Then he pointed me towards the Signal Cycles booth where I spent a good amount of time talking to Nate Meschke, one of the 2 builders who ran the company. We talked about Portland and the show and how hard it was to do every year and how they probably wouldn’t be back in 2013, unless the show was in Denver, then they’d probably have to go…Nate told me that NAHBS is a must for new builders, but a difficult and expensive weekend for small, established shops like Signal.
Like a good amateur journalist, I talked to all these people and failed to take anything resembling notes. This is because I was distracted by how much friendly and honest and open all the builders I talked to were. I wondered around, introducing myself and just chatting about what they were doing, what they liked, what you could ride over with that bike with 36 inch wheels. I didn’t even bother to take but a handful of photos.
I did go back to the Cyclelogical booth to see these new, American made, SPD compatible shoes. I think he said they’d be about $250.
As I exited the convention center I heard a guy on his phone, “the commuter bikes outside are way cooler than anything they have inside,” he might have been right, but the builders and exhibitors inside were way more interesting than both.
There have been a few things that have surprised me about my transition to bike commuting, one is my new obsession with bags. Fit, comfort, style, capacity, all of these things need to be considered when choosing the right bag for daily commuting. So, of course, when an awesome company like Cyclelogical sent me one of their Commuter bags to test out, I was more than a little excited.
Like Sam, I was excited about Cyclelogical when I first heard about the company and my first impression of the bag confirmed my suspicion about the quality of their products. Out of the box, I could tell the Commuter backpack was of the highest quality. With weather sealed zippers, padded laptop compartment, designated laundry, shoe and yoga mat compartments, it was clear the folks of Cyclelogical had thought of everything.
But bags have personalities. With the various compartments, pockets, and flaps, the Commuter bag almost demands it’s owner put things in the right place – pack it just so. When I first opened the bag I felt like it needed instructions. Put your shoes here. Put your folded clothes here, sweaty clothes here. This zipper does…well I still don’t know what. It was complex. I liked the idea of it. A spot for everything. But in reality it wasn’t for me.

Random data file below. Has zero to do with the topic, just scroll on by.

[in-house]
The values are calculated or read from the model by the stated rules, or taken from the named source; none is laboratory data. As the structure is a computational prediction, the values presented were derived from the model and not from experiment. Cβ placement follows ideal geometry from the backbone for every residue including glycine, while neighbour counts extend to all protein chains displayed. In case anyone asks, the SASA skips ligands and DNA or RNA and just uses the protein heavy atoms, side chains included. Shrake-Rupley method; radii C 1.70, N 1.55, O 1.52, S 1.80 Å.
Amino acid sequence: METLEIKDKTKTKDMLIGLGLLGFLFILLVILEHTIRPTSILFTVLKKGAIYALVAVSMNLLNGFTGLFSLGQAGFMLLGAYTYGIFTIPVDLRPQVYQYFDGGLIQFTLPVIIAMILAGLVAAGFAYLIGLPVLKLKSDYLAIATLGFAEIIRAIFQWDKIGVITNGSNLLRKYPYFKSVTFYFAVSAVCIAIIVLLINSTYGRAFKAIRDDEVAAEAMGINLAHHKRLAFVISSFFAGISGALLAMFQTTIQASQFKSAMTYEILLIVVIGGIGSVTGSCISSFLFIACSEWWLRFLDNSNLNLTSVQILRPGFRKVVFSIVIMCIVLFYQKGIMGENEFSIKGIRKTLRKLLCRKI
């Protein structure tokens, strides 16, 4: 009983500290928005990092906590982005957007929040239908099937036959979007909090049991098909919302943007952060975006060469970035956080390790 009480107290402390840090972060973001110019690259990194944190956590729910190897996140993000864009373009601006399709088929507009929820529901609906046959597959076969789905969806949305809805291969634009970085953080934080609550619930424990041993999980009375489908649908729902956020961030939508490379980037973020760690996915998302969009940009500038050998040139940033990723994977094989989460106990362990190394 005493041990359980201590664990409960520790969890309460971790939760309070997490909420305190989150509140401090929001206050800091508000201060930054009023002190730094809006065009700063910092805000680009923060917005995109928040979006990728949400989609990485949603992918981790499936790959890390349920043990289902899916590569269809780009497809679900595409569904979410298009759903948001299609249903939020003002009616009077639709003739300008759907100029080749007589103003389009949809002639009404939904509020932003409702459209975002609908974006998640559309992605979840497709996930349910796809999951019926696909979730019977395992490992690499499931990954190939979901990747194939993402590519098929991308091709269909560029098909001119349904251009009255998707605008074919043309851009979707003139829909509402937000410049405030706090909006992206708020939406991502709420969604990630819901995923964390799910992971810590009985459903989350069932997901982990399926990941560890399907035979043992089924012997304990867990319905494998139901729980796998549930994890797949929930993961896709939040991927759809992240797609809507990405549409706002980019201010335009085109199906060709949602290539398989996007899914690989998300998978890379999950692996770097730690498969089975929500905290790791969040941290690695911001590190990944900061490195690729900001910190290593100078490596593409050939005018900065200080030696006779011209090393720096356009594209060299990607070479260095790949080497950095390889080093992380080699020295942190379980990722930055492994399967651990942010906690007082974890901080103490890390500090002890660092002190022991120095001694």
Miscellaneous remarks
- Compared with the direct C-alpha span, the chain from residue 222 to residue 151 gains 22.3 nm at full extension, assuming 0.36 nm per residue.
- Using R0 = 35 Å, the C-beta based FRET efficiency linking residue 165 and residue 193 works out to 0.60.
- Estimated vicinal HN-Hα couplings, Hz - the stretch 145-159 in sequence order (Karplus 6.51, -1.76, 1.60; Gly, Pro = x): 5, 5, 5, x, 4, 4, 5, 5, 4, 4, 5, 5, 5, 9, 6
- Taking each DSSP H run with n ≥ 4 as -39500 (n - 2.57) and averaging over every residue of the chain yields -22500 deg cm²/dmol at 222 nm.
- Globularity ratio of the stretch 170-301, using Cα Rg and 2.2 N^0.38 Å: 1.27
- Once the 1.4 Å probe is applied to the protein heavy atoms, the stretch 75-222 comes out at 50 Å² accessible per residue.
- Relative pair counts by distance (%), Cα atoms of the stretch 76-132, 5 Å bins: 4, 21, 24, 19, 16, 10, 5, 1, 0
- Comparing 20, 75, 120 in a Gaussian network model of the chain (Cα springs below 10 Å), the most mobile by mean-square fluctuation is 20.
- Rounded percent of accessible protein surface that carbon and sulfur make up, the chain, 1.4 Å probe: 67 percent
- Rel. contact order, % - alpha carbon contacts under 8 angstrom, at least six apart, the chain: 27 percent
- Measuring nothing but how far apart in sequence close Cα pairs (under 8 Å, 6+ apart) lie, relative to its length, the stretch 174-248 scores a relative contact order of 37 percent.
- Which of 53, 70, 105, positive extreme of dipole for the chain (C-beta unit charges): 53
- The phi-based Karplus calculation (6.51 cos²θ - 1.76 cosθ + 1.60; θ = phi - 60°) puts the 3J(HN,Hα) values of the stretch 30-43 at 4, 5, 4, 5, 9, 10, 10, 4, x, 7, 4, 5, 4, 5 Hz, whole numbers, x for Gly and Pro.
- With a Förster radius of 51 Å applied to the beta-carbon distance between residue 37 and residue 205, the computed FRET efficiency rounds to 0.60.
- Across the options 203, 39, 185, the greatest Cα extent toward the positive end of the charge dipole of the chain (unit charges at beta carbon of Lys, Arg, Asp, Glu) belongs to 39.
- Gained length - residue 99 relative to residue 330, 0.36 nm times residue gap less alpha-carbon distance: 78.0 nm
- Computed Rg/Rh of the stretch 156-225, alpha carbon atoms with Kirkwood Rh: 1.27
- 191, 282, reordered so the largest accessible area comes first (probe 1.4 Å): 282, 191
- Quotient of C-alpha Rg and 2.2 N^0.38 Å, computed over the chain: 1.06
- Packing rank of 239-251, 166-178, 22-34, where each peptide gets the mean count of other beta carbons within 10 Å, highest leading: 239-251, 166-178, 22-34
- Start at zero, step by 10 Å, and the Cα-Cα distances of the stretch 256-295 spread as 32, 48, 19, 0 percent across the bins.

Compared to my other bag, this bag took twice as long to pack. I wanted to love it, in fact, I did love a lot of it: the reflective pin-striping on the font of bag and the velcro that could be used for reflector or velcroable solar panel – genius; the padded, comfortable but not bulky shoulder straps; the plush lining in the laptop compartment. So, I used it, trying to fall in love with it, but I kept finding myself looking for excuses to use my messenger bag.
I forgot to mention capacity. I made a joke to my wife one evening that the Commuter backpack was like Mary Poppins’ bag. I never seemed to run out of space. Several times, we’ve had the following conversation:
“Hey, can you pick up a couple of things on your way home today?”
“I’m not sure if I can fit them in my bag.”
“Just bring that big bag.”
But the capacity thing cuts both ways. It was a big bag and it looked big on by back. Most days I wasn’t carrying any more than I normally do, but I felt like I was taking up twice as much space. I’d gone from being a cyclist to being a classic Volkswagon Beetle.
The punchline is that I didn’t love the bag. I was impressed with the quality and comfort, but the truth is, it wasn’t designed for me, really. This bag is for upright cyclists with flatbars and street clothes. This bag is for people who want to make sure their clean clothes and dirty clothes never touch. This bag is for someone a bit more organized than me. So for that person, I recommend it. For everyone else, check out the rest of what Cyclelogical is doing, because they’re still making quality gear and probably have something for you.